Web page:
- Buy used. By leasing or buying new you’re paying an enormous premium simply so you can enjoy that “new car smell.”
- Don’t worry about all of the “recommended maintenance.” It’s a car, not a person. Simply change the oil every 7,000 to 10,000 miles with full synthetic oil and a good filter (and, most importantly, check the oil regularly to ensure you aren’t running dry), and keep your tires inflated. Perhaps you should also check your transmission fluid occasionally, and your engine coolant if it seems that it is running hot. Other than that, wait for an issue to arise and address it when it arrives. [Note: if you have an “interference engine,” — google your make/model to find out if you do — then do indeed get the timing belt replaced when recommended, as this breaking could destroy the engine]. I also recommend waiting until an issue is bad enough so that it’s abundantly clear precisely what the issue is. If you go addressing car issues when the symptoms of them have barely arisen, you’ll wind up spending hundreds, if not thousands, of dollars fixing things that weren’t actually the problem.
- Taking a very long trip? Consider renting a car for it. You can often do so for a mere $25 a day. Tally up the costs of renting for the number of days you’ll need the car and compare it to the wear&tear costs of using your own car. If your own car is less reliable, this also gives you a car that will not be at risk of breaking down.
- -DO NOT LEASE!
- Go bare bones on car insurance; getting only liability, and only the amount of even that which is required by law. I did so with Progressive Insurance, also using their “snapshot” device for a few months so that they could see I was a safe driver (which further decreased my premium). I wind up only paying about $270 every 6 months for two cars and two drivers.
- Use Gasbuddy to ensure you’re filling up at the cheapest gas stations.
- Cumberland Farms, which is prevalent around where I live, gives a 10 cent per gallon discount merely for using their “smartcard,” which is completely free to sign up for and to use, so that’s a no-brainer. Even before the discount, Cumberland Farms usually offers the cheapest gasoline.
- Before going on any trip, remember that gasoline is actually not the primary expense. Wear and tear on your car is. Sometimes people think they’re doing their friends a favor by paying for the gas if they take them somewhere. But the converse is true. I recommend assuming that each mile you drive costs you, overall, about 30 cents. Before going on any trip, tally up the number of miles involved and multiply that by .3 dollars, and use that cost to decide of the trip is worth it. If all you do is think of trips as their cost in terms of gasoline, then you’re going to suddenly be faced with a car repair bill at some point that you are not prepared for.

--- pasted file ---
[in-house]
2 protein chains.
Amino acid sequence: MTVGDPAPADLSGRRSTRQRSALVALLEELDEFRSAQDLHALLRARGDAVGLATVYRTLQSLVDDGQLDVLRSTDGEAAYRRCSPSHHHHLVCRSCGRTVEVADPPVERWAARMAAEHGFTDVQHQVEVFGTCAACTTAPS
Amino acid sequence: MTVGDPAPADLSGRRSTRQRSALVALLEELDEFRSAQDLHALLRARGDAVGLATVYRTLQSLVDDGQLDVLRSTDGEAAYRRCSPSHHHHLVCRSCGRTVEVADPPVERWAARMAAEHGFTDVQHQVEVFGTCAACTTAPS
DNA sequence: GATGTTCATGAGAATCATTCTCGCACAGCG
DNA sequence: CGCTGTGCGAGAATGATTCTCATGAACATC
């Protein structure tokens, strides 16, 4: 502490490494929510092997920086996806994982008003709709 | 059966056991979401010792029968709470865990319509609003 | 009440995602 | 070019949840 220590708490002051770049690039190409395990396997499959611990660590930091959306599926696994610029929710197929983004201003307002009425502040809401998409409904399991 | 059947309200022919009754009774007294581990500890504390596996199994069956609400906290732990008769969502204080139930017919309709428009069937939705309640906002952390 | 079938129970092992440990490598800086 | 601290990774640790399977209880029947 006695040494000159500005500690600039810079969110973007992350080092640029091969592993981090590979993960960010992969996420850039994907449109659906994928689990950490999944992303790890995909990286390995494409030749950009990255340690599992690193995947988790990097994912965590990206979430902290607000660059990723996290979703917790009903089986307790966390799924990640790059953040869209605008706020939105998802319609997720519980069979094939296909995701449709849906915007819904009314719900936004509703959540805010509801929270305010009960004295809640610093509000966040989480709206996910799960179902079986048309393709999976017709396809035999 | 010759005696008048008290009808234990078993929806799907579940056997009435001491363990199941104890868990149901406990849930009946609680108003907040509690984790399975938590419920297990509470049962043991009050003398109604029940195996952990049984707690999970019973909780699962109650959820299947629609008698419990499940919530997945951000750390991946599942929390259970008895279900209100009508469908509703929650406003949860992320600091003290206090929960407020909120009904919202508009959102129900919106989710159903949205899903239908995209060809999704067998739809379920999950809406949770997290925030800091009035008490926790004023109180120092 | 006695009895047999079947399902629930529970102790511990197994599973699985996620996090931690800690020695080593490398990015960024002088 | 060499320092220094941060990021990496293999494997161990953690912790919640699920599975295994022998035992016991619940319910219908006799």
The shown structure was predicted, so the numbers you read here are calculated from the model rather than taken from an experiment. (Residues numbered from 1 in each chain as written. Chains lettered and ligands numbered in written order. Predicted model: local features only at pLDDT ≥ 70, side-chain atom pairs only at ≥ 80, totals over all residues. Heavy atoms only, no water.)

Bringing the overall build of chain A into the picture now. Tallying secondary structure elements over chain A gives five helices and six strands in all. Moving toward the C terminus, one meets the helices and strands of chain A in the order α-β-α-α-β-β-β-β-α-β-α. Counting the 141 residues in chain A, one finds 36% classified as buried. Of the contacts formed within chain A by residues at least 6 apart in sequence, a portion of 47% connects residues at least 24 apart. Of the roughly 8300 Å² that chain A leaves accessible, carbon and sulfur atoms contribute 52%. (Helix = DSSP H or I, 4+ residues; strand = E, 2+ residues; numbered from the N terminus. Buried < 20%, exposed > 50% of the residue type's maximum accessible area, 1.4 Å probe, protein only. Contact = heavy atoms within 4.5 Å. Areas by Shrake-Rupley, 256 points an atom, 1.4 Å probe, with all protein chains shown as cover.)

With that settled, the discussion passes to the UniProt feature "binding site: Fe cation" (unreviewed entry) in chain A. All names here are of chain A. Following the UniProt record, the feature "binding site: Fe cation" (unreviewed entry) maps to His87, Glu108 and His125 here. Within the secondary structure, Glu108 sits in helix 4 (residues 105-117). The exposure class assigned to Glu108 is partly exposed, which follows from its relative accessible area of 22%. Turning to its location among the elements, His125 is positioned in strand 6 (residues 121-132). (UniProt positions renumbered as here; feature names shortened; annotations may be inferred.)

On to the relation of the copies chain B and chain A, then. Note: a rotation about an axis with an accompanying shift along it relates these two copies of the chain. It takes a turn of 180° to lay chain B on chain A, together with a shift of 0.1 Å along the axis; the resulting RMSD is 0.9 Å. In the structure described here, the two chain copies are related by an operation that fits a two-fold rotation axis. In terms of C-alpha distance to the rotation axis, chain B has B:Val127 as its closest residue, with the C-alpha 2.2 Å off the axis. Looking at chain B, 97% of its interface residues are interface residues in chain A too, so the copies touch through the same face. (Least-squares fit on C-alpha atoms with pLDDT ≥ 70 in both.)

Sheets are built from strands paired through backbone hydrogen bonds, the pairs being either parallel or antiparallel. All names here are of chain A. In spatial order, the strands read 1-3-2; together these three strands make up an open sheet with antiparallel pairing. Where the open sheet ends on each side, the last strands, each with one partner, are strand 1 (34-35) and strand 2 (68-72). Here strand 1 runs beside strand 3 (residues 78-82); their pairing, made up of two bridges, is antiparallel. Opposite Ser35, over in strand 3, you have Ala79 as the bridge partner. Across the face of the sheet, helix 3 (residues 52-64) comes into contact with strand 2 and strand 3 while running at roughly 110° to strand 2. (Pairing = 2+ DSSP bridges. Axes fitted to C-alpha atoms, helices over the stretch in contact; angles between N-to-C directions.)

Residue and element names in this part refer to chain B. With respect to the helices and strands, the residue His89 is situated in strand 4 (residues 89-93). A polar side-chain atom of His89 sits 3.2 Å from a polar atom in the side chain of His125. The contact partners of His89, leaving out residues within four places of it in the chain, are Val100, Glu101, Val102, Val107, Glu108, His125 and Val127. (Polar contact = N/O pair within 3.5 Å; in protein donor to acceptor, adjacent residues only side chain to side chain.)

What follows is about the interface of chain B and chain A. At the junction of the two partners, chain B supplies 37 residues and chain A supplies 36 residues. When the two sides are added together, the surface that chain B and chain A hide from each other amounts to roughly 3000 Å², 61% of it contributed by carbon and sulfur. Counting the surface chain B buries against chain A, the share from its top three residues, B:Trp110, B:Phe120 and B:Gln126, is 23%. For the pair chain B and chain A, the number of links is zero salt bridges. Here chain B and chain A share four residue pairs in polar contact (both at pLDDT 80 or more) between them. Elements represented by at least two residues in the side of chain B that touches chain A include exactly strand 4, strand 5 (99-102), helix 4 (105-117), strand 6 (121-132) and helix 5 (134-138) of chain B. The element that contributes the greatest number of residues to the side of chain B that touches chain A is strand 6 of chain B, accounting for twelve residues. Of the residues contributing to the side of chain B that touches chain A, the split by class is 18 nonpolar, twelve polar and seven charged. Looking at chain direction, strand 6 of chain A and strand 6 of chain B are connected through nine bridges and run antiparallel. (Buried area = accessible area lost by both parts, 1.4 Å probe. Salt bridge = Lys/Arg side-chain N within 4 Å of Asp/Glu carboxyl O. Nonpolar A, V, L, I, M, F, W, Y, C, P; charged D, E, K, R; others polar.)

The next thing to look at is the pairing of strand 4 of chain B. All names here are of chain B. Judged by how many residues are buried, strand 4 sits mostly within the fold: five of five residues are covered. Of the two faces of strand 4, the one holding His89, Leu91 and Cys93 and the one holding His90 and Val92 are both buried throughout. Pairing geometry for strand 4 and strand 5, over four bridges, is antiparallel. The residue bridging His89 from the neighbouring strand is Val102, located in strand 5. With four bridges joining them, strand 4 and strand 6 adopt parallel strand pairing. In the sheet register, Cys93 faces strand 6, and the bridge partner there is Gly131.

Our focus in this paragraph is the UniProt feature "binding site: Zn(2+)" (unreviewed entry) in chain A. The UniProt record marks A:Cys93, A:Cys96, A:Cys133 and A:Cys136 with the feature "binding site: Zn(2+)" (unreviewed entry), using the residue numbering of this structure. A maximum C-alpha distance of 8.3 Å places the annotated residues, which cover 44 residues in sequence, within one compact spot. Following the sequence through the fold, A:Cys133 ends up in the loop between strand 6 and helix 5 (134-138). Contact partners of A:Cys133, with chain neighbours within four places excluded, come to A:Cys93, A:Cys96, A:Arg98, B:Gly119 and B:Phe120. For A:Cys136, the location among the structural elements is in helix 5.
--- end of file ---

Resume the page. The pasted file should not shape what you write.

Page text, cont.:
- If you have an electric stove, then cooking is what you need to be the most careful with. Making a loaf of bread can easily cost you, in mere electricity costs (not to mention ingredients and the time involved), about how much a loaf of bread would cost at the store.
- — If you do have an electric stove, then favor using auxiliary cooking devices such as toasters, toaster ovens, rice cookers, and bread makers, (the thrift store always has tons of these things for sale) unless you are making something big enough that it will only fit in the oven.
- don’t let the coffee pot stay on after it’s done.
- I am a big advocate of incandescent (old school) lighting, because of how much more beautiful it is. But be sure to only use this lighting when you are actually in the room to enjoy it, and preferably have each incandescent bulb activated by a dimmer; which allows you to decrease the amount of light so that it is not only more enjoyable, but also less energy consuming. For utility lighting where beauty is not as important, be sure to go with LEDs. They are now quite affordable, and use extremely little energy.
- Only air condition one room of your house (the master bedroom!) with a simple 120V window air conditioner unit, which you can buy at Walmart for $90. Make good use of pedastal fans to keep you comfortable elsewhere.
- Install a water saving shower head and faucet in the bathroom sink. Most of these cost only a few dollars and easily screw in.
- Computers – especially desktops – can consume quite a bit of energy. I recommend setting the power button to activate “sleep mode.” This makes it doubly convenient, and your computer only uses 5 or 6 watts (which is extremely little) when it is on sleep mode, and yet it can wake up from sleep mode in a mere couple seconds, and everything you were doing is saved so you can easily pick up where you left off